£20 will feed a spider monkey for a day - how you can help save Colchester Zoo’s animals
- Credit: Archant
The director of one of the UK’s biggest zoos reflects on the current crisis and shares how the public can help its animals survive lockdown
Having been a staple tourist attraction in East Anglia since its opening in 1963, Colchester Zoo is one of the region’s biggest and best days out.
Home to 220 species and set across 60 acres of parkland and lakes, Colchester Zoo welcomes in an average one million customers over the course of a year.
With the zoo sadly having closed its doors to the public due to the Government-enforced lockdown, Colchester Zoo explains what’s going on behind the scenes, how the animals are being cared for, and what you can do to help in the meantime.
Colchester Zoo’s director Dr Dominique Tropeano said: “We closed our doors to the public prior to the date imposed on us, as we simply could not maintain the social distancing required.
“To us it made sense, and we would not have wanted to do anything else but to comply and be sensible in the face of this destructive virus,” he continued.
The staff who keep the cogs turning at Colchester Zoo are working hard to ensure that it’s kept running as smooth as possible. Dr Tropeano said: “We have a very dedicated and adaptable bunch of keepers that while young, have a good experience. Most of them started their profession at Colchester, and we know our standards are some of the best anywhere. They enjoy playing their part in the additional video work, still smiling, and still being cheerful.”
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So what’s been different at the zoo over the past month? Not much, according to Dr Tropeano. “Their daily routine has not changed that much, as they still have to do all of their animal care duties as they would if we were open,” he said. “Their care and management of the animals hasn’t changed – we continue to provide the highest level of care to the animals.
“The only slight change is that keepers don’t have the visitor experiences and talks to do while we are closed, although as mentioned, many are recording videos for our social media pages to keep the public engaged, educated about the animals and keeping them up to date with what’s going on at the zoo.”
Those who’ve been keeping up with the zoo on social media may have seen some of its latest arrivals – with cheetah Sia having given birth to five healthy cubs, and Ruth the tamandua birthing a healthy baby which is yet to be sexed. But what about any animals who might be brought in from other zoos? “We have had many arrivals, in term of birth, but we don’t expect many new arrivals or departures. Animal movement in this country is still allowed, but only if really necessary,” explains Dr Tropeano. “But of course, you have to follow animal movement regulations.”
Working behind the scenes, the zoo is already planning for its long-awaited reopening, whenever that may be. “At first it sounds like a simple document, but in effect it is extremely complicated and complex. It is very much about managing people, complying with the regulations, thinking about health and safety, including PPE, and what is it we can achieve,” Dr Tropeano said.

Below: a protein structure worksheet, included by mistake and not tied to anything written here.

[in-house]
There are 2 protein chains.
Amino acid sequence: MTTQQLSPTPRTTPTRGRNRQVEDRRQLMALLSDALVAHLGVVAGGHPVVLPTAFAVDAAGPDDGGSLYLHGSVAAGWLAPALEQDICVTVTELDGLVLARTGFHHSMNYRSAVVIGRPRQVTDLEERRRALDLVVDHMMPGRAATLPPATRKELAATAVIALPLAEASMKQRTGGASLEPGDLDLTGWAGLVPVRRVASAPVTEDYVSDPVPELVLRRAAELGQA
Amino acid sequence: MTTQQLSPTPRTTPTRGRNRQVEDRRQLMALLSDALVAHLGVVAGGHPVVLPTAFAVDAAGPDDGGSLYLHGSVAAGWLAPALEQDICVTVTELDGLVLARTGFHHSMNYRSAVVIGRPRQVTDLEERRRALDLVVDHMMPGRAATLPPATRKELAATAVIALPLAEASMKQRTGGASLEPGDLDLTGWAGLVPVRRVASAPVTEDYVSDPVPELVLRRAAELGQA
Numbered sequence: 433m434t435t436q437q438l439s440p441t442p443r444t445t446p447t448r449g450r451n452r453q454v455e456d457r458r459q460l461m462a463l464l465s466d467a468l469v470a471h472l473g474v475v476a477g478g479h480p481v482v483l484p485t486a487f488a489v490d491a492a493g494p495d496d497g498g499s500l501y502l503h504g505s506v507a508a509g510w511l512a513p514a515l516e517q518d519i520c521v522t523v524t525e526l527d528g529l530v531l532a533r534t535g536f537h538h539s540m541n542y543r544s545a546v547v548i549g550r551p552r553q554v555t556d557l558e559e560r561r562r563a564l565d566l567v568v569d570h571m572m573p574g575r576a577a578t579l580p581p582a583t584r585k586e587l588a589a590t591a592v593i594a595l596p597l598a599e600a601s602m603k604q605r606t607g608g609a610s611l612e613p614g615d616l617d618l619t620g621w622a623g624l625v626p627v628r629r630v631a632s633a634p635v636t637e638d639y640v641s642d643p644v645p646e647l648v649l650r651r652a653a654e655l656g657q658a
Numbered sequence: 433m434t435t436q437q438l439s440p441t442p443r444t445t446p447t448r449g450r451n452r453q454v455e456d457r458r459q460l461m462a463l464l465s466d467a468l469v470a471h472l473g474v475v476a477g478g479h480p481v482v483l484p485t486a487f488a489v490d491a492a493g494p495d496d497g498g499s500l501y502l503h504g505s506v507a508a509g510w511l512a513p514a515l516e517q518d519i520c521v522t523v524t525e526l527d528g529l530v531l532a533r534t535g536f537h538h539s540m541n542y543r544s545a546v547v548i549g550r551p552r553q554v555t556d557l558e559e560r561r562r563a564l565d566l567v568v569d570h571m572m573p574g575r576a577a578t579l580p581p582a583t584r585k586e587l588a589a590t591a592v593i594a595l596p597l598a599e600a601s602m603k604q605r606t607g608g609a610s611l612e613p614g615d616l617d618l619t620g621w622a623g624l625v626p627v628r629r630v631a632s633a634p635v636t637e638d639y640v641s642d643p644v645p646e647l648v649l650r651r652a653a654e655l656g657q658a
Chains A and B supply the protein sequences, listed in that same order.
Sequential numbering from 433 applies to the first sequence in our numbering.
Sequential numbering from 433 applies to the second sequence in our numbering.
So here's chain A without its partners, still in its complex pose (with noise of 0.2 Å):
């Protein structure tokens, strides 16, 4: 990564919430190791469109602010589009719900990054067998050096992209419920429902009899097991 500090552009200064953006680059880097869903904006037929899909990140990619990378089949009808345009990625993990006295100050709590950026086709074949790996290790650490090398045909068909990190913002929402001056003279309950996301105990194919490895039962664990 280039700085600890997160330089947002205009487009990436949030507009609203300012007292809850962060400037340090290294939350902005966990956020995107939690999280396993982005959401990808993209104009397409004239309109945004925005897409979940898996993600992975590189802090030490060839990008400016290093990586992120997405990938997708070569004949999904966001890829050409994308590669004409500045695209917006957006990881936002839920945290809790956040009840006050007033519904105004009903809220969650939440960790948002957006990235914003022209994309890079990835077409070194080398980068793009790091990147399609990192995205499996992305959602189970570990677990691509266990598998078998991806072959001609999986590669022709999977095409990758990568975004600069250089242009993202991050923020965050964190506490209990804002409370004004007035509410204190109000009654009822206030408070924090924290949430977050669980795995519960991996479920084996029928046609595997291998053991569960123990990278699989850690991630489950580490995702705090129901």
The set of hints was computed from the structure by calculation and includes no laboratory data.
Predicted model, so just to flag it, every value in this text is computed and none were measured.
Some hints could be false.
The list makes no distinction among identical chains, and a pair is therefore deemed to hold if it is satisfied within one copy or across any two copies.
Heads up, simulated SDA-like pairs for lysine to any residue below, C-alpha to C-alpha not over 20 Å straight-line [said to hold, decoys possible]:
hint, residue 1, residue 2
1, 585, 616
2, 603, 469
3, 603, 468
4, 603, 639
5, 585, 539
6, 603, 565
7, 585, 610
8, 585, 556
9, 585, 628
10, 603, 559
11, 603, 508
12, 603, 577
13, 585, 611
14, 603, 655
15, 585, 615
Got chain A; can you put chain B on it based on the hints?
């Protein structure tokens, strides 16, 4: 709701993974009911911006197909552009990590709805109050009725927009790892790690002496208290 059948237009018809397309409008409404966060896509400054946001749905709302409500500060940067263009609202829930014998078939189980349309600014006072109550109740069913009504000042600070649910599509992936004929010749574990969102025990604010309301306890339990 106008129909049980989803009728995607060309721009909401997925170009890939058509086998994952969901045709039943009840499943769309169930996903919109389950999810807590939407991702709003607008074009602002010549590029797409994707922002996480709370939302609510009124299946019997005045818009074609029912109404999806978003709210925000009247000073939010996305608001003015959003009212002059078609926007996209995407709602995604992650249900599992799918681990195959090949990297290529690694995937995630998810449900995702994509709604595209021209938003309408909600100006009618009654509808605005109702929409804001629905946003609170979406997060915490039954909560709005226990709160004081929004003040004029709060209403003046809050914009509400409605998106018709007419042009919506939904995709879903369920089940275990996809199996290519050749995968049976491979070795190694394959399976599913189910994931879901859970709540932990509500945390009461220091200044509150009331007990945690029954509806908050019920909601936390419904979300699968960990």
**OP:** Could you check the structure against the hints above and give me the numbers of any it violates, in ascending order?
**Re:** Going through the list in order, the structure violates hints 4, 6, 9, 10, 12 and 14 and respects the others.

“Without a doubt we will have to limit the number of people allowed in the park unless restrictions are removed – we have to ensure both visitors and staff are safe.
“Unfortunately, we will not be able to provide all of our daily events because of the safety aspect. At this stage we are not sure if we will be able to have all our seasonal events,” Dr Tropeano added.
While the zoo remains closed, there are many ways that readers can donate to help keep the zoo afloat in the meantime.
“Those who would like to donate to the Zoo Operating Fund can do so via our website,” Dr Tropeano explains. “Alternatively, you can make a bank transfer if you would prefer. We have detailed the bank account information on our website, and there have been many who have donated this way.
“Donations into the Zoo Operating Fund via our website is the best way for the public to support the zoo during this time of crisis.”
Such donations will go towards animals needs such as food and veterinary fees, as well as staff costs.
The zoo has also made the decision not to sell any of its dated products for the time being. It is however selling gift vouchers which customers can use towards Colchester Zoo products once it has reopened.
Dr Tropeano added: “We also have started to sell our new Top Trumps pack online which has gone down very well so far. All of the income from monetary gift vouchers and Top Trumps are put towards our Zoo Operating Fund.”
Many fans of Colchester Zoo have even been organising their own fundraisers on behalf of the zoo. Dr Tropeano said: “Some people have kindly been setting up third party fundraisers. However, we do not receive the money straight away via these sites and some take a commission, therefore we would encourage people to donate via our website wherever possible.”
He added: “If you would like to set up a crowd funding page, we’d advise using GoFundMe, as you can then allocate Colchester Zoo as the beneficiary of the funds when the money is withdrawn.”
For more information about how donations help Colchester Zoo and to make your own, click here to visit the website.
Find out how far your donations can go at Colchester Zoo
£10 will buy the zoo almost 10KG of leeks which are enjoyed by a variety of species
£20 will feed a Spider monkey for a day
£30 can buy enough fish to feed a sealion for a day
£115 can feed one of the zoos African elephants for a day!